Evaluating Apparent Discrepancies in Heartworm Test Results
Melanie T. Landis, DVM, MBA; Carlos Rodriguez, BS; Mindy Borst, BS, LVT
A 10-year-old female dog presented to its veterinarian for routine exam, vaccination and heartworm testing. It was estimated that the dog had been off heartworm preventative for more than six months. In-clinic testing revealed the presence of microfilariae on blood drop analysis, but was negative on an in-house antigen test. TVMDL received whole blood (EDTA) and serum for further testing which included performing a Modified Knott’s test on the whole blood and a heartworm antigen test on the serum. The Modified Knott’s test revealed the presence of numerous microfilariae (approximately 4 per LPF) that were confirmed to be Dirofilaria immitis. TVMDL’s standard procedure upon finding microfilariae is to perform morphological analysis to determine whether the larvae are those of Dirofilaria immitis or Acanthocheilonema reconditum (formerly Dipetalonema reconditum), as larvae from either parasite can be found in the blood. A. reconditum, another filarioid, is considered non-pathogenic. The adults live in the skin while the microfilaria circulate in the blood stream. Information in the chart below can be used to help distinguish the two species of larvae.
|A. reconditum||D. immitis|
|Posterior End||Button hooked tail||Straight tail|
|Movement (on blood drop analysis)||Progressive movement||Non-progressive movement|
TVMDL uses a well-based heartworm antigen ELISA test kit to detect D. immitis antigen in both dogs and cats. Antigen tests are designed to detect antigens of mature female heartworms. Dogs usually have a higher adult worm burden than cats and, unlike cats that frequently have a single-sex infection, dogs typically have a mixed sex infection. A positive antigen test is expected in dogs that harbor adult Dirofilaria immitis, yet TVMDL’s ELISA heartworm antigen test was negative, appearing to support the results of the in-house test performed at the referring clinic.
An occult heartworm infection (i.e. positive antigen test with no observable microfilariae) is a relatively common finding, either due to the elimination of microfilariae through the continued use of macrocyclic lactone preventatives, or because of the cyclic nature of microfilaremia in which larvae are not always observed in peripheral blood analysis.1However, it is rare to have confirmed D. immitis microfilariae without adult heartworms, unless adults have recently died off, such as when a dog has undergone adulticide treatment. Because of the test result discrepancies in this case, TVMDL performed a heat-treated analysis of the serum which proved to be positive for heartworm antigen. This result was confirmed by another laboratory which routinely performs the heat-treatment procedure.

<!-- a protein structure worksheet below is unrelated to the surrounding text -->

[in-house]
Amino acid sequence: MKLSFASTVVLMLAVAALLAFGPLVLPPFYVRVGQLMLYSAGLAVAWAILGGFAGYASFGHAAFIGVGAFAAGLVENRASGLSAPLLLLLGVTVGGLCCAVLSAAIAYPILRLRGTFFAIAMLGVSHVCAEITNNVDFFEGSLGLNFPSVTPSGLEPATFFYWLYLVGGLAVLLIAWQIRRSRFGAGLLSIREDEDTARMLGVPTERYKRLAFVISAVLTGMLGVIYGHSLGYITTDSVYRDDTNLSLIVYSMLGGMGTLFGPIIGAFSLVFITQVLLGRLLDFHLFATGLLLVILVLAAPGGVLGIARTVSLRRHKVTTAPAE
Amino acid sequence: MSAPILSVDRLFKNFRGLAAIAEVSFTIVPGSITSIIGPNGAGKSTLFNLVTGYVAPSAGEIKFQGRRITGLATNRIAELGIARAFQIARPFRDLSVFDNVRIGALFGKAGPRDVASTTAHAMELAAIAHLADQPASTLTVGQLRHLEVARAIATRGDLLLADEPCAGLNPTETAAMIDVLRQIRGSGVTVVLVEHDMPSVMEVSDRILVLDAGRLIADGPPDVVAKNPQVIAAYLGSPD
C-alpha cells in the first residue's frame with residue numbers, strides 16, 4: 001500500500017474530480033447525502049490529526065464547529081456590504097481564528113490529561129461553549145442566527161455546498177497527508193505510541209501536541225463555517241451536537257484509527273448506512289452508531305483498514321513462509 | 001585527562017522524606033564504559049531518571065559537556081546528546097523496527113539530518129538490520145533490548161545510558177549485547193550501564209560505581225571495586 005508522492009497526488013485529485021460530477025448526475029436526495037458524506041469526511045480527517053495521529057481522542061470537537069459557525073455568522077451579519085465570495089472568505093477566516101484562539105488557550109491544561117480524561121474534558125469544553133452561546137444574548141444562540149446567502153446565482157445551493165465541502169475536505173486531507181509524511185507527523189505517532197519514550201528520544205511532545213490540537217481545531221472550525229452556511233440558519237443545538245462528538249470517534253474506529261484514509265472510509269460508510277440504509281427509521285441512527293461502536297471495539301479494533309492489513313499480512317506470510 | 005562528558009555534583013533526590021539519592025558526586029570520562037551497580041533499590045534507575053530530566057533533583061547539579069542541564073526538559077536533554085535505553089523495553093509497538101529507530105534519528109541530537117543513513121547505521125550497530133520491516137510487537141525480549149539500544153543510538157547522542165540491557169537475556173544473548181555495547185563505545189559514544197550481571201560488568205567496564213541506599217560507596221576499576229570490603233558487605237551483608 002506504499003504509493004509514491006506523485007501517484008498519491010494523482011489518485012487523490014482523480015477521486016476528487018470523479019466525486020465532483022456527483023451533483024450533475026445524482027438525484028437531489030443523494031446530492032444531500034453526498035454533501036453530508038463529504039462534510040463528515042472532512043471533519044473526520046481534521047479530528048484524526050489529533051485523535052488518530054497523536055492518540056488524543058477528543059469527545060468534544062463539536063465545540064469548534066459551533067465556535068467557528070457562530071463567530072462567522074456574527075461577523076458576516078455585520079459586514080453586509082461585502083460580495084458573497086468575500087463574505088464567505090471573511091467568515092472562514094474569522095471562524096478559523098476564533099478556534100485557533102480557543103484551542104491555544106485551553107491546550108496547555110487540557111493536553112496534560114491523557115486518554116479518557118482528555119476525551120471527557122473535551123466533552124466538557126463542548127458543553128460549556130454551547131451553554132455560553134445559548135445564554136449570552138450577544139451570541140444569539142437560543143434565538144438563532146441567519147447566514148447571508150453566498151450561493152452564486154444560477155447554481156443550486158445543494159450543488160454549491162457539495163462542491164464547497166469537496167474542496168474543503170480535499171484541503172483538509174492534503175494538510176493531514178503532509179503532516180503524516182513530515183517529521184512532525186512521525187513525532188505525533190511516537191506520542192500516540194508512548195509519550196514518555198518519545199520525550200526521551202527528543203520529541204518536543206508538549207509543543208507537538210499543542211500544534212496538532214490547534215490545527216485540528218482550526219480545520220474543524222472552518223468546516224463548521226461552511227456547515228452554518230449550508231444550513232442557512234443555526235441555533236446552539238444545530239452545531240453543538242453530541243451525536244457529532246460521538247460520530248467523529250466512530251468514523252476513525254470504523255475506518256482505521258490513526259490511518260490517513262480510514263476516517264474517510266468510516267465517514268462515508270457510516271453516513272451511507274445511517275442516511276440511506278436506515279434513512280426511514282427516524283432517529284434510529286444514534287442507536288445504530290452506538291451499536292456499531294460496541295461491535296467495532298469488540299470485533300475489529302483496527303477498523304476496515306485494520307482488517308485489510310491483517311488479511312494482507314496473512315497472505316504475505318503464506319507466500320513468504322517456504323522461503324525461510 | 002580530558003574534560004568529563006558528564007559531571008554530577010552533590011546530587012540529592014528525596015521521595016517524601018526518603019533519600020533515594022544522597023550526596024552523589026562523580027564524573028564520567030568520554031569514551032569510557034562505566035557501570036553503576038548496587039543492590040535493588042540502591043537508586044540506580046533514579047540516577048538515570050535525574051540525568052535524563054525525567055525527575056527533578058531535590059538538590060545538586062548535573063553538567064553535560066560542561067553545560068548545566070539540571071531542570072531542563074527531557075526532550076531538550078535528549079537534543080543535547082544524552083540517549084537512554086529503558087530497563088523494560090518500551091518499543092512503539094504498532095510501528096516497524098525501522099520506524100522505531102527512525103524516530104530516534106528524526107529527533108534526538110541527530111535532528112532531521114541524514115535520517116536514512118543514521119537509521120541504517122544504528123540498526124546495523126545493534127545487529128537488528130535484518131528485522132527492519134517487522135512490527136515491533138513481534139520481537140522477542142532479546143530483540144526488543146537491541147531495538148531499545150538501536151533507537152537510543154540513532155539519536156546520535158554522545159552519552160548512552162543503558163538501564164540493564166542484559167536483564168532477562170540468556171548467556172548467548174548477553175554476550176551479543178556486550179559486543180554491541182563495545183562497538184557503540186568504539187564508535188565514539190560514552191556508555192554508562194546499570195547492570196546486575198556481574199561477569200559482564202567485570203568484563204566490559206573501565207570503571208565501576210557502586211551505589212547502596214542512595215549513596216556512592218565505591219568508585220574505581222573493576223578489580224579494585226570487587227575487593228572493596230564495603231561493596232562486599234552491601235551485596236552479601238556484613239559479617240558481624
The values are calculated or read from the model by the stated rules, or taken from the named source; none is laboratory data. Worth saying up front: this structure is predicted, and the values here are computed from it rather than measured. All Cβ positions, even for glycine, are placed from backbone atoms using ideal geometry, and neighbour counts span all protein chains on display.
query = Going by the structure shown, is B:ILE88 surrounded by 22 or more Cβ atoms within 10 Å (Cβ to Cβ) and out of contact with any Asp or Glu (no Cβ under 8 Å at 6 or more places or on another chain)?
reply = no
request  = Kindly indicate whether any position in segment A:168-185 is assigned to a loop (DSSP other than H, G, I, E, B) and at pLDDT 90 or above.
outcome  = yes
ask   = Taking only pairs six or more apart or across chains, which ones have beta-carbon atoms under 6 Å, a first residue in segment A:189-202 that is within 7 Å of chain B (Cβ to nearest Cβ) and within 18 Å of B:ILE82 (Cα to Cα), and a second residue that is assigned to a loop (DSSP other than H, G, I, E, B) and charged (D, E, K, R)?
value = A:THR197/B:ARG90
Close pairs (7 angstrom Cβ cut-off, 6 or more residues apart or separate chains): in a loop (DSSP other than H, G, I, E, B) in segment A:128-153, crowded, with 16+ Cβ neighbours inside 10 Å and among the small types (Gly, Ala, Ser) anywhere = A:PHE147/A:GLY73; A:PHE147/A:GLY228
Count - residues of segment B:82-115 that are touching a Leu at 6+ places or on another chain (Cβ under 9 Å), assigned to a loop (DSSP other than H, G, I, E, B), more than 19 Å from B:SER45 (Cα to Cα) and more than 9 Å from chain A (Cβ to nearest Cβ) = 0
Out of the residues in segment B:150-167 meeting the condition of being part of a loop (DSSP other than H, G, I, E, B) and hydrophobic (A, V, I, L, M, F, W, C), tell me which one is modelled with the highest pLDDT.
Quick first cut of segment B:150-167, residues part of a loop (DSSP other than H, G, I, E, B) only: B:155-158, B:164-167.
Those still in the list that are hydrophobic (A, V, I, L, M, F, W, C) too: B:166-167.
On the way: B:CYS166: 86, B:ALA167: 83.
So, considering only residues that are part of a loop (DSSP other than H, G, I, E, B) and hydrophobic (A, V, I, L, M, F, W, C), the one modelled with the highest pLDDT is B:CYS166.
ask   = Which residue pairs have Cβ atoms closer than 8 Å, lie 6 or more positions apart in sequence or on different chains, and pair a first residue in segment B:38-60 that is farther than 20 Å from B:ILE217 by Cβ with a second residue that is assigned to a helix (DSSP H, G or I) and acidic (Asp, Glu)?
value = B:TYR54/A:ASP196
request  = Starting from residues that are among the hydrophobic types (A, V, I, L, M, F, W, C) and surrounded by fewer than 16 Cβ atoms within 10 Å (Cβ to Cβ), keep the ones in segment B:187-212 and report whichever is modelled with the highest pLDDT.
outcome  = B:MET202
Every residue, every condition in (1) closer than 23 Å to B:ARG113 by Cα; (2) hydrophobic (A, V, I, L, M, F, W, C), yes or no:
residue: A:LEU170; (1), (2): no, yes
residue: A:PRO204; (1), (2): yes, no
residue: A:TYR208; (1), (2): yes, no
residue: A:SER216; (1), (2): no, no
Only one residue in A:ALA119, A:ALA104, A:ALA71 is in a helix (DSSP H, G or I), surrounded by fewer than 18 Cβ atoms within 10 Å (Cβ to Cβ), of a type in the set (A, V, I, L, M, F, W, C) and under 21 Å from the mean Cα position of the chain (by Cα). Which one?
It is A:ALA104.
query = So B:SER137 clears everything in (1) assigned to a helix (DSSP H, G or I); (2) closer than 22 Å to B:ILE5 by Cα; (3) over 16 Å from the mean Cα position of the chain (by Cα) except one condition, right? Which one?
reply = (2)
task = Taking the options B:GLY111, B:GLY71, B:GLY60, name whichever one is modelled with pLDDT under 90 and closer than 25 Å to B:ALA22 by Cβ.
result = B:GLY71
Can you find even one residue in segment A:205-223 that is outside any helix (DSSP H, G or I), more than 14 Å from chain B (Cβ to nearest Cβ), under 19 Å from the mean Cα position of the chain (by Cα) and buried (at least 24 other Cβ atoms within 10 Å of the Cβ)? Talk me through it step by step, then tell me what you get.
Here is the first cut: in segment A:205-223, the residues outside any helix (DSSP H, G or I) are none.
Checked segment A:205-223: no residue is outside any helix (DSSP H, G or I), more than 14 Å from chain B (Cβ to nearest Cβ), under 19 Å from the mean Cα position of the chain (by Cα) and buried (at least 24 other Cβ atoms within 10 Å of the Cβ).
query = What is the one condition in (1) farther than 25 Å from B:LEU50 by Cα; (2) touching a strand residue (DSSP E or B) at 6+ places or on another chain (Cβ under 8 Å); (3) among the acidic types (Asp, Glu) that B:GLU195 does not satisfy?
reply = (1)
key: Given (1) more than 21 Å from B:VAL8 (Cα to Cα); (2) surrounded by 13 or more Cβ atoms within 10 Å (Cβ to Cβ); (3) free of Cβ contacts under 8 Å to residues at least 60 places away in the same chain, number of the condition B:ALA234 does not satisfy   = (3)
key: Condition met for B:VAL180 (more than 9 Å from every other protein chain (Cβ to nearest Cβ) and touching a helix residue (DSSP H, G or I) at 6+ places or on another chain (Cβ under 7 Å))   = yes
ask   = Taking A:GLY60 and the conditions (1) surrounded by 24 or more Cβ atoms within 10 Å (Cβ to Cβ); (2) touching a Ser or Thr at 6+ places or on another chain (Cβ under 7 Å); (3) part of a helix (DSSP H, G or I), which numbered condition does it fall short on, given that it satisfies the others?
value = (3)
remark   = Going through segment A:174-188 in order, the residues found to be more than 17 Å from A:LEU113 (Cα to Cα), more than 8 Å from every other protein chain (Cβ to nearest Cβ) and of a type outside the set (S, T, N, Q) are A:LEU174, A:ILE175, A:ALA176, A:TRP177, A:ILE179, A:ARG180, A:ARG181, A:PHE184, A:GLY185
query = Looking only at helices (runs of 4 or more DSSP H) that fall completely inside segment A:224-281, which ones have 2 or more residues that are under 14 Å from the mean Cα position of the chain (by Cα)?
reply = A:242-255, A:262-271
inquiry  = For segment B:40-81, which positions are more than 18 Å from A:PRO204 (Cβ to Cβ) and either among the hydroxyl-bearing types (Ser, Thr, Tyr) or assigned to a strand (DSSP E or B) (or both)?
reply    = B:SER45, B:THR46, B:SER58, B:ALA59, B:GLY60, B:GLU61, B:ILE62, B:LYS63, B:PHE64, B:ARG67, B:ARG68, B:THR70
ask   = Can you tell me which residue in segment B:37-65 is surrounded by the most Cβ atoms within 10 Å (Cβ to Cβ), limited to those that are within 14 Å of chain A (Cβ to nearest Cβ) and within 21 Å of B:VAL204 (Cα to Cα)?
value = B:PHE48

Previously, heat-treating serum samples was a manufacturer required step when using ELISA heartworm antigen test kits. However, for various reasons, manufacturers dropped this requirement and routine testing is now performed on non-heat-treated serum samples.2 Heat treatment of samples has made a comeback within the last several years, primarily in response to the widespread use of the “slow-kill” heartworm treatment method. This “treatment method”, which is not endorsed by the American Heartworm Society, advocates the use of macrocyclic lactone preventatives in heartworm positive dogs, not only to prevent future D. immitis infections, but to eventually eliminate both microfilaria and adult worms with continued use over several years. It has been theorized that the slowed death of the adult worms and ongoing inflammatory response associated with this practice promote the creation of antigen-antibody complexes. These complexes result in antigen-binding in situ, in essence blocking the antigen, and rendering it incapable of reacting with the assay. Heat treating the sample prior to testing helps to break these complexes, allowing the antigen to be freed and to bind with the reagents of the test.3
In accordance with the American Heartworm Society guidelines4, TVMDL does not routinely heat-treat serum samples used to screen for heartworm antigen. However, in those cases where adult heartworms are strongly suspected (i.e. presence of microfilariae, clinical signs, etc.) but a patient tests negative by conventional antigen testing, heat-treating the serum sample may be beneficial in confirming a diagnosis of heartworms.
For more information about this case, contact Veterinary Diagnostician Dr. Melanie Landis, Carlos Rodriguez, or Mindy Borst. To learn more about TVMDL’s heartworm tests, and other offerings, visit tvmdl.tamu.edu or call 1.888.646.5623.
- AM Ionica, et al., Dirofilaria immitis and repens show circadian co-periodicity in naturally co-infected dogs, Parasites & Vectors, 2017; 10:116 (Published online 2017 Feb 28. doi: 10.1186/s13071-017-2055-2.
- B Blagburn, 15th Triennial Heartworm Symposium, Sept 2016; www.American Heartworm Society.org
- J Drake, et al., False negative antigen tests in dogs infected with heartworm and placed on macrocyclic lactone preventatives, Parasites & Vectors, 2015; 8:68 (doi: 10.1186/s13071-015-0698-4).
- American Heartworm Society, Current Canine Guidelines for the Prevention, Diagnosis, and Management of Heartworm (Dirofilaria immitis) infection in Dogs, 2018.